is like a king who arranged a wedding-feast for his son.  He sent his servants to summon those who had been invited to the festivities, but they refused to come.  Then he tried again; he sent some more servants, saying to them, ‘Tell those who have been invited, “Here is my banquet all ready, by bullocks and fat cattle have been slaughtered and everything is prepared.  Come along to the wedding.”‘  But they took no notice of this and went off, one to his farm, and another to his business.  As for the rest, they got hold of the servants, treated them with insults, and finally killed them.  At this the king was very angry and sent his troops and killed those murderers and burned down their city.  Then he said to his servants, ‘The wedding-feast is all ready, but those who were invited were not good enough for it.  So go off now to all the street corners and invite everyone you find there to the feast.’  So the servants went out on to the streets and collected together all those whom they found, bad and good alike.  And the hall became filled with guests.  But when the king came in to inspect the guests, he noticed among them a man not dressed for a wedding.  “How did you come in here, my friend,” he said to him, “without being properly dressed for the wedding?”  And the man had nothing to say.  Then the king said to the ushers, “Tie him up and throw him into the darkness outside, where there will be tears and bitter regret!”  For many are invited but few are chosen.

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The Collect:

Almighty God, you have given your only Son to be for us a sacrifice for sin, and also an example of godly life: Give us grace to receive thankfully the fruits of his redeeming work, and to follow daily in the blessed steps of his most holy life; through Jesus Christ your Son our Lord, who lives and reigns with you and the Holy Spirit, one God, now and for ever. Amen.

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It is customary in The Episcopal Church that, at when the priest or deacon finishes reading the Gospel lection, he or she says,

The Gospel of the Lord,

to which the congregation answers,

Praise to you, Lord Christ.

I recall a situation one Sunday evening at St. Gregory the Great Episcopal Church, Athens, Georgia.  Beth Long, the Rector, read the assigned lesson from the Gospels for that day.  It was a disturbing and unpleasant text.  Then she said,

The Gospel of the Lord.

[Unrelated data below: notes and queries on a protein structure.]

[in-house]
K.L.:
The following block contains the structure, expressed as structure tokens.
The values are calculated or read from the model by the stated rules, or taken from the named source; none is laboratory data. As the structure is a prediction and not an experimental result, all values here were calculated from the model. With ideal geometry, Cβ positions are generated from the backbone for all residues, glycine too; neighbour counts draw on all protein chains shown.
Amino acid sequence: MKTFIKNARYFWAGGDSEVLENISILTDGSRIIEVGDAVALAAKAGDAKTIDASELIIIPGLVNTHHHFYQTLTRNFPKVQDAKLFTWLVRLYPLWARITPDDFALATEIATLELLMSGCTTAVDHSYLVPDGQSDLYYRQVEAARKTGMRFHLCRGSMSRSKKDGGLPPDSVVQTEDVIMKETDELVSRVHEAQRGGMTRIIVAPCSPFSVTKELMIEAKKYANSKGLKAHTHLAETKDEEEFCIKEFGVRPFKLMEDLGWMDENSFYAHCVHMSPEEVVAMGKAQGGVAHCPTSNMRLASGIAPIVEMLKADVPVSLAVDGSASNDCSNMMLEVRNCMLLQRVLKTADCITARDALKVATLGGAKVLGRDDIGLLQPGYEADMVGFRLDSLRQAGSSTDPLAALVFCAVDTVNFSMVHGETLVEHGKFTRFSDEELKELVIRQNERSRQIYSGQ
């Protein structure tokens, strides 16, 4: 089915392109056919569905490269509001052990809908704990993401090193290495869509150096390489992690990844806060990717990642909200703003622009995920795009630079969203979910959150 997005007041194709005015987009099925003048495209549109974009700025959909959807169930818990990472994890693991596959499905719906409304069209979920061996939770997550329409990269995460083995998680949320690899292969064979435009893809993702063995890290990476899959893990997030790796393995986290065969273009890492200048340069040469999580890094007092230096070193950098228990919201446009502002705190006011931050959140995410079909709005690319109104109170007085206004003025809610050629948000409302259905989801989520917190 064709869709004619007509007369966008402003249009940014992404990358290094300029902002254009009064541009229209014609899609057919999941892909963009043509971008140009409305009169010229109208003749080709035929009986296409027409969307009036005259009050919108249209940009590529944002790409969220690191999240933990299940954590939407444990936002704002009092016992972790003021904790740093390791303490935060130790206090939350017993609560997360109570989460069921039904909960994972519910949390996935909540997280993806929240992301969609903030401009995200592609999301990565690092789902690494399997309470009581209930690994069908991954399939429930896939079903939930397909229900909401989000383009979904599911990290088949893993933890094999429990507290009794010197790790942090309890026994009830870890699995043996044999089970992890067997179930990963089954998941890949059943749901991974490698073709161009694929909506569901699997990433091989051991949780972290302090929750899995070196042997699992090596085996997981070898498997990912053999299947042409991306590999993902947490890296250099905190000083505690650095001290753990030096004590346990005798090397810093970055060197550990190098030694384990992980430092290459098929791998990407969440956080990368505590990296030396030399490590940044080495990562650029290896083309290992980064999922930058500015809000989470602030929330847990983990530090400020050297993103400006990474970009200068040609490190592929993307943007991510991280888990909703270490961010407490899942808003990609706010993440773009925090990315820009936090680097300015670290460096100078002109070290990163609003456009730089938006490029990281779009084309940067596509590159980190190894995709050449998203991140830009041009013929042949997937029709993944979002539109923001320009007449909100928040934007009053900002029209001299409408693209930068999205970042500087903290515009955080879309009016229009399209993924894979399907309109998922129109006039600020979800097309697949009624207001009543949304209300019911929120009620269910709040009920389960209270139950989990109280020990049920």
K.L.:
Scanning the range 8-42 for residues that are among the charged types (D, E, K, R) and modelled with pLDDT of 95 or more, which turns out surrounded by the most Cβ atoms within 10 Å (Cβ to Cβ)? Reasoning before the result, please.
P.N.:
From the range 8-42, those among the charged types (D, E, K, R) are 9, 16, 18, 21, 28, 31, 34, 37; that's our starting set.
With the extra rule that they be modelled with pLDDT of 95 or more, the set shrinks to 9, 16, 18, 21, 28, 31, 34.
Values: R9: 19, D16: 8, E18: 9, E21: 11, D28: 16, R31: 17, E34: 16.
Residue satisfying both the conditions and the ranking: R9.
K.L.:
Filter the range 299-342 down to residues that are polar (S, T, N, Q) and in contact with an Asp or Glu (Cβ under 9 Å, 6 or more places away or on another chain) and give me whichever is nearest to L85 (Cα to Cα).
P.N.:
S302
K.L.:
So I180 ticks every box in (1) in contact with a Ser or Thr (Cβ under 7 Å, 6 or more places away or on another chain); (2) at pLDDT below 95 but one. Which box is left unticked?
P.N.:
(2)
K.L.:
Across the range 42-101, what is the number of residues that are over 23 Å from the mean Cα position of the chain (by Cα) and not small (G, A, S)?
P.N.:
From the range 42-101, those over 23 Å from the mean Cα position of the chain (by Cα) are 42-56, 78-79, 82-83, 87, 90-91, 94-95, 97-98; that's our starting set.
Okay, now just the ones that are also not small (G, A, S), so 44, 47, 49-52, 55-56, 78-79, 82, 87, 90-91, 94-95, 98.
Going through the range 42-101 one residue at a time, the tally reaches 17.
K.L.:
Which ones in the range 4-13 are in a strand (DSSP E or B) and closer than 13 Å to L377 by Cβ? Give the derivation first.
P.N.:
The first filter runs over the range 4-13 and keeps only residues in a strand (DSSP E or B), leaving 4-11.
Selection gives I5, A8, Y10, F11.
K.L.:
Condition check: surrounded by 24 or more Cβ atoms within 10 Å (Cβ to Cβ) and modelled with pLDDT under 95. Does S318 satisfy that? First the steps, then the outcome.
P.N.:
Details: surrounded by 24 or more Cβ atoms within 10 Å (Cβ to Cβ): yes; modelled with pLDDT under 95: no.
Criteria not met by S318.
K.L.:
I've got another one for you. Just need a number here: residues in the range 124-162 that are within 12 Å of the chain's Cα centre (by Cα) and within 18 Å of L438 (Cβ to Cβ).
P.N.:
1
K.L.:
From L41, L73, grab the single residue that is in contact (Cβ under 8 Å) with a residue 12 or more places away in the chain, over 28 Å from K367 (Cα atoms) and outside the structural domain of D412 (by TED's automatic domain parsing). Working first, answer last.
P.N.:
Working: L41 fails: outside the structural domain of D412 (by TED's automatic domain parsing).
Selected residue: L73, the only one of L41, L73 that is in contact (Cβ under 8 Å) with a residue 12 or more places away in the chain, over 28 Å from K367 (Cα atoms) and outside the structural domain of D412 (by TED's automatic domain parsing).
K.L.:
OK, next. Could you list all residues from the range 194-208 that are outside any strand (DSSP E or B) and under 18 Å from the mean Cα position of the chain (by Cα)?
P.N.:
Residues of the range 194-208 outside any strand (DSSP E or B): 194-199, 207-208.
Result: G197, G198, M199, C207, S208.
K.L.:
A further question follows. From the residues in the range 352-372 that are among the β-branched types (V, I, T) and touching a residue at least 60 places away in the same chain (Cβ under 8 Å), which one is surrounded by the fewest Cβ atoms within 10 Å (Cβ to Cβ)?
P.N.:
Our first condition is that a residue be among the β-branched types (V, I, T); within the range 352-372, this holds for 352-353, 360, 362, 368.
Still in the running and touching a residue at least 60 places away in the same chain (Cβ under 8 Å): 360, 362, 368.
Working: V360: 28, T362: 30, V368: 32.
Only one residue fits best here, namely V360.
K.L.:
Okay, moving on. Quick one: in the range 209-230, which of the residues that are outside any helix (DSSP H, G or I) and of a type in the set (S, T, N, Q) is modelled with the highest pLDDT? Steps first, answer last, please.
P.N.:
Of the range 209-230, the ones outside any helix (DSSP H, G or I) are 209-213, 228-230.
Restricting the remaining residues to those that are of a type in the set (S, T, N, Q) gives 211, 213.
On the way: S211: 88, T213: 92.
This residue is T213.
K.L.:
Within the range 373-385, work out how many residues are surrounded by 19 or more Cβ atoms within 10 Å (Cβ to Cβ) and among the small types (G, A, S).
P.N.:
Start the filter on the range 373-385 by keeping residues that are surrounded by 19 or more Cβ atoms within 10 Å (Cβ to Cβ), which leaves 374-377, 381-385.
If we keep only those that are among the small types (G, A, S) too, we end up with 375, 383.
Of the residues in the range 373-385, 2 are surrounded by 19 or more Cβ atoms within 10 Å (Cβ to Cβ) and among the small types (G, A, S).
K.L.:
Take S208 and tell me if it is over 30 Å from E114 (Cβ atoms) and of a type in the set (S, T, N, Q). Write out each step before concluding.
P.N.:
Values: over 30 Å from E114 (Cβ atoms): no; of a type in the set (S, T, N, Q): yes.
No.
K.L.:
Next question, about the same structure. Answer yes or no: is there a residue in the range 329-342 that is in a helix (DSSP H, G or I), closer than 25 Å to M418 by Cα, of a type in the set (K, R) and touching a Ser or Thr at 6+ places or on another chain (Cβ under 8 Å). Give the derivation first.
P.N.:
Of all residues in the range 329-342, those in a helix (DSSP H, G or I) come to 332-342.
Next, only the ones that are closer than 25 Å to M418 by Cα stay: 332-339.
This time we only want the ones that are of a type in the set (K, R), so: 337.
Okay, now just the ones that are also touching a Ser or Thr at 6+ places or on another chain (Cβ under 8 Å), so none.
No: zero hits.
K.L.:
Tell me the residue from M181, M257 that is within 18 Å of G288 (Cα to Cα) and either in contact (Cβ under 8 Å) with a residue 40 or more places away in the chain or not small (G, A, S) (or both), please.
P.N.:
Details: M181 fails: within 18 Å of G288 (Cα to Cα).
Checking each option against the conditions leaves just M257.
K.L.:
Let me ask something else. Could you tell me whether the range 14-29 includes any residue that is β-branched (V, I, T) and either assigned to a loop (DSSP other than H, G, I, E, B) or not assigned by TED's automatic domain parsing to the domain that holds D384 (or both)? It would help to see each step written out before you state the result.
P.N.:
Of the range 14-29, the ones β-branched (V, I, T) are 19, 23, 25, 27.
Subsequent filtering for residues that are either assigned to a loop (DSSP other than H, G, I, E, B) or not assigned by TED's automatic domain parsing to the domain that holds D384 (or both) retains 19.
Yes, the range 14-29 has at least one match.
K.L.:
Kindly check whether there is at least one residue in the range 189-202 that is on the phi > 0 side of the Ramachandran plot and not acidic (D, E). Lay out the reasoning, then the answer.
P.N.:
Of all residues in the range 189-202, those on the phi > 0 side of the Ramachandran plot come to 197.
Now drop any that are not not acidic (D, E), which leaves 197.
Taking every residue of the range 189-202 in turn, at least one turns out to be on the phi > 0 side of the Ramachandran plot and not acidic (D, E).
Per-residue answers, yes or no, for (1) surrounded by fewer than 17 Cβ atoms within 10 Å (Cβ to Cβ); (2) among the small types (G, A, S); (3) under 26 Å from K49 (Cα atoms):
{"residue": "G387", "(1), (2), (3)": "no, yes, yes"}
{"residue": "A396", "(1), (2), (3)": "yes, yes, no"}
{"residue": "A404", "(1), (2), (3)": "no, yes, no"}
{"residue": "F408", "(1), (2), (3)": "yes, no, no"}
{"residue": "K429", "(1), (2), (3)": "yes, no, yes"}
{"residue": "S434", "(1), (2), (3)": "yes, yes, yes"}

All of us in the congregation mumbled hesitantly,

Praise to you, Lord Christ.

I have the same response when pondering Matthew 22:1-14.

Tradition calls this text the Parable of the Great Banquet.  Yet William Barclay insists correctly that it is really two parables.  The first ends with the king rounding up wedding guests on street corners.  The subtext is clear; those who have rejected Jesus as Messiah are unworthy to attend the wedding banquet.  And the destruction in the story echoes the Roman destruction of Jerusalem in 70 C.E.  The Gospel of Matthew dates to the middle 80s C.E., in a Jewish Christian community on the margins of Jewish life.  Certain emotions tend to accompany marginal status, especially when one is marginalized involuntarily.  They are on full display in this text.

The second parable concerns the man who did not come to the wedding feast attired properly.  He did not care about the matter, a major breach of protocol in that society.  His disrespect led to his removal from the banquet.  My North American society is increasingly informal in matters of attire, and this is not entirely bad.  But sometimes it goes too far.  One student in a class for which I was a Teaching Assistant came to the classroom on the day of the Final Exam in his pajamas, slippers, and bathrobe.  How one presents oneself in public indicates how one regards others.  There is social etiquette and decorum to maintain; it makes public interactions go more smoothly.  So how much more true must showing respect toward God be?

Understand me correctly.  During my last year of high school I tutored a Middle Grades student after school.  Joe and his family attended a Southern Baptist church in Berrien County, Georgia.  He mentioned once that some elderly members of the congregation had criticized him for wearing tennis shoes to church.  Joe asked me what I thought.  I replied that God has concerns greater than whether Joe wore tennis shoes to church.  In fact, I wear tennis shoes to church sometimes.  But they are clean and presentable.

There is, however, great value in dressing up for certain occasions.  I feel one way when I wear a suit and a tie (often with a fedora) and another when I wear jeans and a tee-shirt.  I feel quite comfortable in both states, but I would never think of wearing jeans and a tee-shirt (no matter how clean and presentable they might be) to certain occasions.  This is simply a matter of decorum.

So the second parable teaches that we must approach God with our best.  This being from the Gospels, the meaning goes far deeper than wardrobe, although that is a matter for some people.  How does one live?  The king invited the good and the bad alike to the banquet, but all were expected to uphold certain standards after they arrived.  We can all come to God by route or another, but this is not cheap grace that demands nothing of us.  No, we must respond to God honestly and faithfully.  This will require something of us.

So the king filled the banquet hall one way or another.  Nothing could thwart his will–only require him to change tactics.

Then there is the story of Samson, the beginning of which is today’s reading from Judges.  I encourage everyone to read the whole thing again or for the first time; it is a very good story.  Samson was not the sharpest knife in the drawer, the brightest crayon in the box.  Neither was he self-disciplined, especially with regard to women, namely Delilah.  But, despite all these facts, God worked through Samson to deliver the Israelites from the Philistine oppression.  Samson died in the process, for the building fell down on top of him, along with many Philistines, but this end was not necessary.  Samson could have avoided it with some more intelligence and a dose of self-discipline.  He was weak, though, and he paid the price for that.

Yet God’s ultimate will came to fruition via Samson, despite Samson’s character.

Is it not better cooperate with God rather than abuse our free will and force God to change strategies?  Is not cooperating with God a sign of healthy respect?

KRT

http://blogatheologica.wordpress.com/2012/05/04/we-cannot-thwart-gods-ultimate-will/